Tuesday, December 21, 2010

Jens Lekman went to Brooklyn. I may have stalked him a little bit.

Jens Lekman live at The Green Building. All photos by Colleen Hale-Hodgson.
But only a little. To be clear, the desire to visit New York City was already there, I just needed a really good reason, and then I got this innocuous little e-mail:
Hi everyone,

I had some stuff to do in New York this winter so I figured I might as well do a small solo show while I'm theresince it's been so long.
It will be special and maybe we can have one of those houseparties afterwards, like we had last time?
If my friends neighbors are cool with that, I'll let you know.
Lekman plays the underused air xylophone while
holding the tambourine that touched my heart. 
I don't even remember signing up for Jens Lekman's mailing list, but I'm pretty glad past-Colleen did, because this sounded like a really cool show. I didn't act right away, so when I finally did look to see if I could buy a ticket I really shouldn't have been so surprised that the concert on Dec. 10 was completely sold out, and that scalpers were asking for upwards of $70 (original price: $17) for tickets on craigslist.com. I had just finished promising myself that I would be more spontaneous next time when yet another e-mail from Lekman' camp popped up with a promise of another show on Dec. 9. Message received, Universe.

Building an entire vacation around seeing one Swedish orchestral pop prince in Brooklyn on a cold winter night may sound crazy to some people, but with a year-long exile in South Korea looming, I saw an opportunity to appease my inner hipster's need for amazing concert experiences, and see if NYC was as great as I remember it being all at the same time.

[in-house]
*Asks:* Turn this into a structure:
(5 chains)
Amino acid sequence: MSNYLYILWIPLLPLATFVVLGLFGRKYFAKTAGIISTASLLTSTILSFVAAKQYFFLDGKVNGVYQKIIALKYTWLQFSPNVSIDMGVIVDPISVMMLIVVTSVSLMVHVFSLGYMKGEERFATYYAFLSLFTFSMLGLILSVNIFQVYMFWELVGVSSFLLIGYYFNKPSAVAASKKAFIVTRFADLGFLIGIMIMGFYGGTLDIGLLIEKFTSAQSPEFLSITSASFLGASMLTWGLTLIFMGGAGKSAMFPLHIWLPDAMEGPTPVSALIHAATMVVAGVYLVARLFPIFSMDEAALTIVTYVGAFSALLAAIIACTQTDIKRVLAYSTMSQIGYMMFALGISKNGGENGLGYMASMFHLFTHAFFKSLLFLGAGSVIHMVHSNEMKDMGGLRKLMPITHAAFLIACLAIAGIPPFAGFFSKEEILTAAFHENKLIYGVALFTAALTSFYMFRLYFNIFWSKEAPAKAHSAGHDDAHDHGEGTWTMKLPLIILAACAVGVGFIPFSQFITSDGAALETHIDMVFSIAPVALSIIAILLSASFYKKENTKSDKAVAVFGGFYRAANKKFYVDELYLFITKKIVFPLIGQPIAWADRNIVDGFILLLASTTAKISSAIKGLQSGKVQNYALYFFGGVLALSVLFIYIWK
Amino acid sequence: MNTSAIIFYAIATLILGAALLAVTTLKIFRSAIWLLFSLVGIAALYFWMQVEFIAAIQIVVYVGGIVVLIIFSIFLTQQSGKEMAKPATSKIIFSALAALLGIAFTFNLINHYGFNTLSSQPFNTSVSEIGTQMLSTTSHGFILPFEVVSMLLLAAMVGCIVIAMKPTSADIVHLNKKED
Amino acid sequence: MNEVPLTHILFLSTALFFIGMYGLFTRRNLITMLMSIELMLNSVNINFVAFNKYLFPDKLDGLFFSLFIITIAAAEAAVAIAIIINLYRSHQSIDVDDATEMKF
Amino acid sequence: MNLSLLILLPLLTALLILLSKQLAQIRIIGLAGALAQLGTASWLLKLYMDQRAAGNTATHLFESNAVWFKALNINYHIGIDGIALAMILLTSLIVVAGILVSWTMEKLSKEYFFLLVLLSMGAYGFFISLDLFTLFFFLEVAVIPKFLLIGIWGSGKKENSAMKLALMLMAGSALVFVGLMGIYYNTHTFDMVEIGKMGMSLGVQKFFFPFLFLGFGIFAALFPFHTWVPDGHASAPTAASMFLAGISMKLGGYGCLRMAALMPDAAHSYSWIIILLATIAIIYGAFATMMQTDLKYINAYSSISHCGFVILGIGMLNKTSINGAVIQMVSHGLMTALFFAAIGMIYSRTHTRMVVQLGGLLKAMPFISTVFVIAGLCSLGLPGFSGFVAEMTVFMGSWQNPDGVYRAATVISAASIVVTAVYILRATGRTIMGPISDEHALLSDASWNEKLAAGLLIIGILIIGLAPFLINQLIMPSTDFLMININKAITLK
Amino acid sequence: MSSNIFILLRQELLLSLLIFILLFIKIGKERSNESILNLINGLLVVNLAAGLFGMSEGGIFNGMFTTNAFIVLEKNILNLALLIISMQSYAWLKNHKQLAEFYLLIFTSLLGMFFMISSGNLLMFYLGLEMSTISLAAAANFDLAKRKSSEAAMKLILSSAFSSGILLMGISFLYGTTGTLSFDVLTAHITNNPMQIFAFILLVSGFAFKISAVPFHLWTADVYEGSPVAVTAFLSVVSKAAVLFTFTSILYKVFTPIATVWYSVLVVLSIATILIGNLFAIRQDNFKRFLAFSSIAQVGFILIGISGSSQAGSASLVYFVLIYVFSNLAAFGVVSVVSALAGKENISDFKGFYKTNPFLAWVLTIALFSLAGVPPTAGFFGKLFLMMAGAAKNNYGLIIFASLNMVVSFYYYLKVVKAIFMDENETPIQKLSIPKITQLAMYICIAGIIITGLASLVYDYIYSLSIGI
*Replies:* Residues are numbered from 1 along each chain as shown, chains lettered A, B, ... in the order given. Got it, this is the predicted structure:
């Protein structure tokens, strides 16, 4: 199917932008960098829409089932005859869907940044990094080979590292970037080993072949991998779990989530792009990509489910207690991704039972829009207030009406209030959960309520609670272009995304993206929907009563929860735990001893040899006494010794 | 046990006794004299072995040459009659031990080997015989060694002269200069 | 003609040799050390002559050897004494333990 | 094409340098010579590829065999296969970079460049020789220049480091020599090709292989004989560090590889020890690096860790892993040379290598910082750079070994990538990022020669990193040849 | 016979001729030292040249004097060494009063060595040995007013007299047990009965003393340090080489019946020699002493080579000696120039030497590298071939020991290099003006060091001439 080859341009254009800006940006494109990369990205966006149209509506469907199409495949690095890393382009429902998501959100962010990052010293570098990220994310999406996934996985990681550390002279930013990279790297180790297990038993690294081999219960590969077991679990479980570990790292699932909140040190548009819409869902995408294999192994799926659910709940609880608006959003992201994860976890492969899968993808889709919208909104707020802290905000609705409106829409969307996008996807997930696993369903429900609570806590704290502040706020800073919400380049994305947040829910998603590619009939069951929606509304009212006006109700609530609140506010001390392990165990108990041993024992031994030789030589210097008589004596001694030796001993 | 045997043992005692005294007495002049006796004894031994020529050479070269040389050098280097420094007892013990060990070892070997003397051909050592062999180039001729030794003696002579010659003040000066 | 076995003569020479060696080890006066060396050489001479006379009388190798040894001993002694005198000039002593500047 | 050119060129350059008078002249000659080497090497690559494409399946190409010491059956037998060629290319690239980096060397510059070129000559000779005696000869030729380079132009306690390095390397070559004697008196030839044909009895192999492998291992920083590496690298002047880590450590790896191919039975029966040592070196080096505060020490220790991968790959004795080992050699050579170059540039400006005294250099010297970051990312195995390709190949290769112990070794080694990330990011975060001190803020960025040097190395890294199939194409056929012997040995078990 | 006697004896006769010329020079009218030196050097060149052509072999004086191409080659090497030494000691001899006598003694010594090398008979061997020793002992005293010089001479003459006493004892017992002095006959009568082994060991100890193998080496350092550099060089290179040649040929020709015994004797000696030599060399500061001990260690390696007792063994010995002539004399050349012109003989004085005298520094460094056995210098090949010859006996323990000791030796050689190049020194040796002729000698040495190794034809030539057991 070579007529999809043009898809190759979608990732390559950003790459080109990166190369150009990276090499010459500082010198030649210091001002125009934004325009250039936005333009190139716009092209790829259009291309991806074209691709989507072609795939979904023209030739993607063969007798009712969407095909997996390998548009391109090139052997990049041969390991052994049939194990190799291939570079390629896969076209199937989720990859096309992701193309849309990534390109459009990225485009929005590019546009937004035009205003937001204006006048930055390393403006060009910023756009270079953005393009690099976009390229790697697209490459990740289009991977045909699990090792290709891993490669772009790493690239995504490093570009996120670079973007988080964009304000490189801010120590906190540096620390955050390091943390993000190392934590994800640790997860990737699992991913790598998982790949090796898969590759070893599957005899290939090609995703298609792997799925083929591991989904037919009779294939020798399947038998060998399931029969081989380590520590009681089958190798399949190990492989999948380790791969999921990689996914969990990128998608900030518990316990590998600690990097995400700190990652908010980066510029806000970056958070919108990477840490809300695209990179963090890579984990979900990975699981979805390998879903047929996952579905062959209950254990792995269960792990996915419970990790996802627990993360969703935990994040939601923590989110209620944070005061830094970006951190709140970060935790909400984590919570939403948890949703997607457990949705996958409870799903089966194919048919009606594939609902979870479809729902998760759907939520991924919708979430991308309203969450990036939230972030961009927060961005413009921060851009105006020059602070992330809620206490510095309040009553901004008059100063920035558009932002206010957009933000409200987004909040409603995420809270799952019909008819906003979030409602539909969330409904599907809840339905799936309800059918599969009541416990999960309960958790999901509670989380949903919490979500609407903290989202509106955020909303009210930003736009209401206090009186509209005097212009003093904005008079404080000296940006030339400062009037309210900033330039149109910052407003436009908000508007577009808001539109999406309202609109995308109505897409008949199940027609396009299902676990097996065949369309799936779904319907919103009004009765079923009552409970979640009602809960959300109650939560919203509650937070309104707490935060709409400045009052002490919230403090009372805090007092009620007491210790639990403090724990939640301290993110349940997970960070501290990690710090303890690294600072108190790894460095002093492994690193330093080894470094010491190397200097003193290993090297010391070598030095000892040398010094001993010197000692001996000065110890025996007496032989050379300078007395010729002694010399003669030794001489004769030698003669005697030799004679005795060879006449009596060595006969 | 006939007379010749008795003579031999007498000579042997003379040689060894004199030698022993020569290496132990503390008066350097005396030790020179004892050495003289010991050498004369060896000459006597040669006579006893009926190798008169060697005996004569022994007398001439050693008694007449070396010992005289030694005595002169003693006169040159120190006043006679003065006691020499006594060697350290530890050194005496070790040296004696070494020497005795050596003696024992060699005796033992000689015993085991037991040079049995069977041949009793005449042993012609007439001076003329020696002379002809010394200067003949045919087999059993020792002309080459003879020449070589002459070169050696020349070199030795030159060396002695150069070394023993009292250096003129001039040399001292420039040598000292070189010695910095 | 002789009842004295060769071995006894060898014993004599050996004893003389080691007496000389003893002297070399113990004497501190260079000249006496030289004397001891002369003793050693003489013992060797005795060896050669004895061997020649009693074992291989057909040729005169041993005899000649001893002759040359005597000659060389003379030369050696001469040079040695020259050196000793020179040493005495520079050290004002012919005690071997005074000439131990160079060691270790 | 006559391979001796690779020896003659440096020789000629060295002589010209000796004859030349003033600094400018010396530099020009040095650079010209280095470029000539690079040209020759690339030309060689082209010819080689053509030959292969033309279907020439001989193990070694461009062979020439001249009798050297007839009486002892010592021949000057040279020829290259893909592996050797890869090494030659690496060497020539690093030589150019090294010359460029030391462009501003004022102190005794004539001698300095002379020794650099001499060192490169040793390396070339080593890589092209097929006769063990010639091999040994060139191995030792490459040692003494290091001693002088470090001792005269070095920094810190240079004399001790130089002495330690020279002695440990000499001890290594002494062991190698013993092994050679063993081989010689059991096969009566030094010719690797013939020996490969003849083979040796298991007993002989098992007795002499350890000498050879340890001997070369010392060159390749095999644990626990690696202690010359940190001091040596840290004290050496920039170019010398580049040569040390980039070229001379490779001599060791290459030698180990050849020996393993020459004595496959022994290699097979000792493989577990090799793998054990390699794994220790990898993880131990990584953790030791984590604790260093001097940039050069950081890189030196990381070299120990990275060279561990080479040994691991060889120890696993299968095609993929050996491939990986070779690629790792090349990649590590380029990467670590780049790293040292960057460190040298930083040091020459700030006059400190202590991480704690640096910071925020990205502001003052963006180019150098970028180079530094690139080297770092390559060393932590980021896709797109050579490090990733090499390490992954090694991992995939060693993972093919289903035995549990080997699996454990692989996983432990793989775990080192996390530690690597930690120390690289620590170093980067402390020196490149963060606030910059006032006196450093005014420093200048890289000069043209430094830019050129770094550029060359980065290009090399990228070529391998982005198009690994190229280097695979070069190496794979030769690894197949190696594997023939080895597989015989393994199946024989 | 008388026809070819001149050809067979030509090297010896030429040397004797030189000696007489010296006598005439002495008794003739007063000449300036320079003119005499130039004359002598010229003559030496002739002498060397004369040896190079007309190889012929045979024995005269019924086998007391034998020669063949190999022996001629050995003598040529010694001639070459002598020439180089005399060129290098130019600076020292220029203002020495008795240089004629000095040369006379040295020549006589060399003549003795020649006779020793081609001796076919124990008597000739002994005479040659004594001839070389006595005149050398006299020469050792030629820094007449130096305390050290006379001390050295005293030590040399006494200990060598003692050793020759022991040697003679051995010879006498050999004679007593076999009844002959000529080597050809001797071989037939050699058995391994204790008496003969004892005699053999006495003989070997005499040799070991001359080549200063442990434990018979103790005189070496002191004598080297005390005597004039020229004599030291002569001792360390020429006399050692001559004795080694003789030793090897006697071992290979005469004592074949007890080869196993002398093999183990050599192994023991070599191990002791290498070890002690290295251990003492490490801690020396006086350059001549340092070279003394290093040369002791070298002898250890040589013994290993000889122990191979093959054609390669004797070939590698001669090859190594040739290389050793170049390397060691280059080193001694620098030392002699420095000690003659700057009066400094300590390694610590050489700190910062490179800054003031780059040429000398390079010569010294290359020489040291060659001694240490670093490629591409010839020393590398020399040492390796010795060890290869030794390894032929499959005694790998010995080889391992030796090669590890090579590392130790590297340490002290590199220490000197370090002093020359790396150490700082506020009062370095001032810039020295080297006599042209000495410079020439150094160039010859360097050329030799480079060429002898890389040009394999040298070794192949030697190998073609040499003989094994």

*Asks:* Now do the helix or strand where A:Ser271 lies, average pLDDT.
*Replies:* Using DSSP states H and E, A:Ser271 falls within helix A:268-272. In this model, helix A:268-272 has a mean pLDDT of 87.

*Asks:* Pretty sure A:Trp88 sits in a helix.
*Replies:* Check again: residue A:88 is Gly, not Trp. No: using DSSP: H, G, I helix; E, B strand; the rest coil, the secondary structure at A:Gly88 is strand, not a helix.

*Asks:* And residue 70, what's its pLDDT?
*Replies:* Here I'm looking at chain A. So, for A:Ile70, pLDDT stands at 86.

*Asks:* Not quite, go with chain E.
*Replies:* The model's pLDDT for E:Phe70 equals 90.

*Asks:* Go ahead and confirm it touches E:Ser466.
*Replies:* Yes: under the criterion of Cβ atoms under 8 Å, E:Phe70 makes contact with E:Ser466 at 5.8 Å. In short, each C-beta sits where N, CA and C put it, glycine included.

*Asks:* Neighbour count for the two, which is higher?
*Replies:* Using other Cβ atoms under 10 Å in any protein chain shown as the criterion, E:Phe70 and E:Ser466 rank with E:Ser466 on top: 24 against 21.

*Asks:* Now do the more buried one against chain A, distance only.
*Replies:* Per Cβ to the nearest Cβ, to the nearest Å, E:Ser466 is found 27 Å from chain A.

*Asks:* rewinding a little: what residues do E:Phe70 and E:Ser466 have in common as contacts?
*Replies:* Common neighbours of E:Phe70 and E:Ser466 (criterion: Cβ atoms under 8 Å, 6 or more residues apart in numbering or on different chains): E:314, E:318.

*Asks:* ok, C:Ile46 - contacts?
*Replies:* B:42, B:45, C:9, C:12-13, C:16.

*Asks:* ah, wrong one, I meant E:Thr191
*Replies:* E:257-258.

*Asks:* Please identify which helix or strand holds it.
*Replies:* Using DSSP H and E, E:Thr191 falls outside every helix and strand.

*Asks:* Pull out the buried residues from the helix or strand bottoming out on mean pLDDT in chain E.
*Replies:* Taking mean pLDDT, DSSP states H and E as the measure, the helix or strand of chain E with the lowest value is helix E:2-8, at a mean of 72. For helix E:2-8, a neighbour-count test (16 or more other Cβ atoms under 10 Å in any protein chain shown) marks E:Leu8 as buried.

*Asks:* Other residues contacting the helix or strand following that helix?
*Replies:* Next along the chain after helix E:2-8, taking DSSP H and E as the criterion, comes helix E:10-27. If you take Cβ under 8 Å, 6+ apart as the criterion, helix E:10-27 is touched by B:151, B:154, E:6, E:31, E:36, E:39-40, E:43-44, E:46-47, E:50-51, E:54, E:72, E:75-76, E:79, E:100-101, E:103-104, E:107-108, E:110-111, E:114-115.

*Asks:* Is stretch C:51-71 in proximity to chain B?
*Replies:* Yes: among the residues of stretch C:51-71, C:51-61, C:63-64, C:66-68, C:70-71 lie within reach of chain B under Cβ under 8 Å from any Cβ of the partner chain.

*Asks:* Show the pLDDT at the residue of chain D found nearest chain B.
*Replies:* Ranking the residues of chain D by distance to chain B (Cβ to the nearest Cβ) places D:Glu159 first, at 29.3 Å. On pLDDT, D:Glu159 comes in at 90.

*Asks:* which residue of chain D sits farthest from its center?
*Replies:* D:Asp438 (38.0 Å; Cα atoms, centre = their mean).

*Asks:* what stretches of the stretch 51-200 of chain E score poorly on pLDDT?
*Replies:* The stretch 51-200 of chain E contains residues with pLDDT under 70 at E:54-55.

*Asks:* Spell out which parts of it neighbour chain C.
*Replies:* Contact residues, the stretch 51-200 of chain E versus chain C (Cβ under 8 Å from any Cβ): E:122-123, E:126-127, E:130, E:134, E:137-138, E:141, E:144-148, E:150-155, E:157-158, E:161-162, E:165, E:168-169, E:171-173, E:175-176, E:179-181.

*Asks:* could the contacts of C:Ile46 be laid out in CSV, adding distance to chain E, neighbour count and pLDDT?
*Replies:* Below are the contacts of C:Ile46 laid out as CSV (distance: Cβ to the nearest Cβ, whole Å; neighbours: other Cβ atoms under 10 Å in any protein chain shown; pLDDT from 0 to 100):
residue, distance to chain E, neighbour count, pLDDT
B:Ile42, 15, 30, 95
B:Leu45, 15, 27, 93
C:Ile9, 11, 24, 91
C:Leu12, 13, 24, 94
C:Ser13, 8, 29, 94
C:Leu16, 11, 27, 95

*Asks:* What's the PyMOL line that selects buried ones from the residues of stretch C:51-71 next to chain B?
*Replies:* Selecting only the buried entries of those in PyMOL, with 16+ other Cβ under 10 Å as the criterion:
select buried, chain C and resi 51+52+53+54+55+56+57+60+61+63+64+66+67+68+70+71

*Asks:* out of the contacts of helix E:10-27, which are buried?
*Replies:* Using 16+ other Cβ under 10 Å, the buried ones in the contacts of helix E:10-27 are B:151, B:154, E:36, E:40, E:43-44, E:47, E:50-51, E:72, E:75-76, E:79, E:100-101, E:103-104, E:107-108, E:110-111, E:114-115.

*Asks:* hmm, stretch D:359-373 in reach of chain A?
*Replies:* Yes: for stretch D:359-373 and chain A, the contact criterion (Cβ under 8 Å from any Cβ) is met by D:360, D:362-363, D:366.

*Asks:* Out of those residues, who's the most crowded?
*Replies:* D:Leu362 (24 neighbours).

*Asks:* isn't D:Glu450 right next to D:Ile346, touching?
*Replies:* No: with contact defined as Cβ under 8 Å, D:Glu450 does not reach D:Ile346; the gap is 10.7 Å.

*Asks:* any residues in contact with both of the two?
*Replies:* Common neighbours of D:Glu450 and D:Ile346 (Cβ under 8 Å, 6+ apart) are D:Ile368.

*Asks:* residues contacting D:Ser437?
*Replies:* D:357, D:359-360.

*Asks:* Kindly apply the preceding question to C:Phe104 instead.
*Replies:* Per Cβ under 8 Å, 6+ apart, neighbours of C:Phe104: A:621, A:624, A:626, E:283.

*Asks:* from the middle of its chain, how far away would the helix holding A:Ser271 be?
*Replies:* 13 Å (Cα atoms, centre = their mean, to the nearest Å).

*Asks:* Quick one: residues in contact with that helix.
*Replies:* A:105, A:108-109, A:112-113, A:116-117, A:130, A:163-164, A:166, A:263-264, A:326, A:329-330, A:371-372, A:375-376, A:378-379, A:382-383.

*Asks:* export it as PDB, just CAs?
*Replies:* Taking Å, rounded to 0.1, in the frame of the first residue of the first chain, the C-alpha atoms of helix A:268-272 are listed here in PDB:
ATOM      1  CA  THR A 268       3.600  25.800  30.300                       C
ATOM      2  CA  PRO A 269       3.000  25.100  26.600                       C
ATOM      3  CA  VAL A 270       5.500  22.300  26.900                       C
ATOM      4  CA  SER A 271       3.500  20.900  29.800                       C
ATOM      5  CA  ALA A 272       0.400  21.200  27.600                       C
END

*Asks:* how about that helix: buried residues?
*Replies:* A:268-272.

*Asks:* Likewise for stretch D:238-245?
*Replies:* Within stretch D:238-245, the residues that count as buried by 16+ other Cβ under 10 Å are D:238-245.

Lekman's music is in turns irreverent and sarcastic, honest and disarming. He sings with a silky baritone, recalling romantic crooners of eras past. Most of his recorded material is lushly produced with brass, choral backing, and swooning crescendos of strings and samples. Lekman's show at The Green Building was a stripped down affair, with Lekman playing an acoustic guitar and some sparse drum accompaniment. He still managed to captivate the relatively small 400-person audience through a mix of natural charisma and humorous prattle. Earlier that week during a show in LA he premiered a new song he wrote about the night he tried to meet Spiderman actress Kirsten Dunst in his hometown of Gothenburg. He played that again, and it's about as funny as you would think something about stalking Kirsten Dunst would be.

There were other new songs, which fuels my hope for a new album sometime in the new year. Old favourites were also brought out ("Black Cab" and "Kanske är jag kär i dig" were particular highlights for me). About two-thirds of the way through the show some backing samples were added in and the night got more danceable. Lekman broke out the tambourine, which he soon handed off to one very lucky audience member (ok, it was me. I almost died from giddiness.). With the weight of keeping beat for the rest of the show resting on my shoulders, I can't really say I remember it very well. There was some dancing, choreographed airplane arms, and two encores (which I think my tambourine-led chorus of hand-claps had a lot to do with), and then it was over - but not before Lekman promised that after the show he would sing into the ear of anyone who had a special request. With that tantalizing thought in mind, I stuck around for a bit for the crowd to clear, and was not disappointed when Lekman came out and started chatting with the stragglers.

I won't bore you with a detailed recounting of the whole encounter, but I will say that I did get a song (the last verse of "A Postcard To Nina") and a very apt message with his signature. Ten points to whoever can tell me what song this comes from:

So, was it worth travelling to NYC all by myself with no local contacts or knowledge of how to work the subway system? Yes. Of course, the Lekman show was not the only thing I did that weekend, but I think it was special enough to make the trip worthwhile even if the rest of the trip was filled with long lines at Macy's and rude cab drivers (I didn't do any shopping and one car service driver said I was pretty enough to be a model!).

For a more detailed review of the show,  plus a bunch of pictures (you may even spy yours truly if you squint a bit), head over to BrooklynVegan.com.

1 comment:

Mandy Juno said...

That line is from The Wrong hands!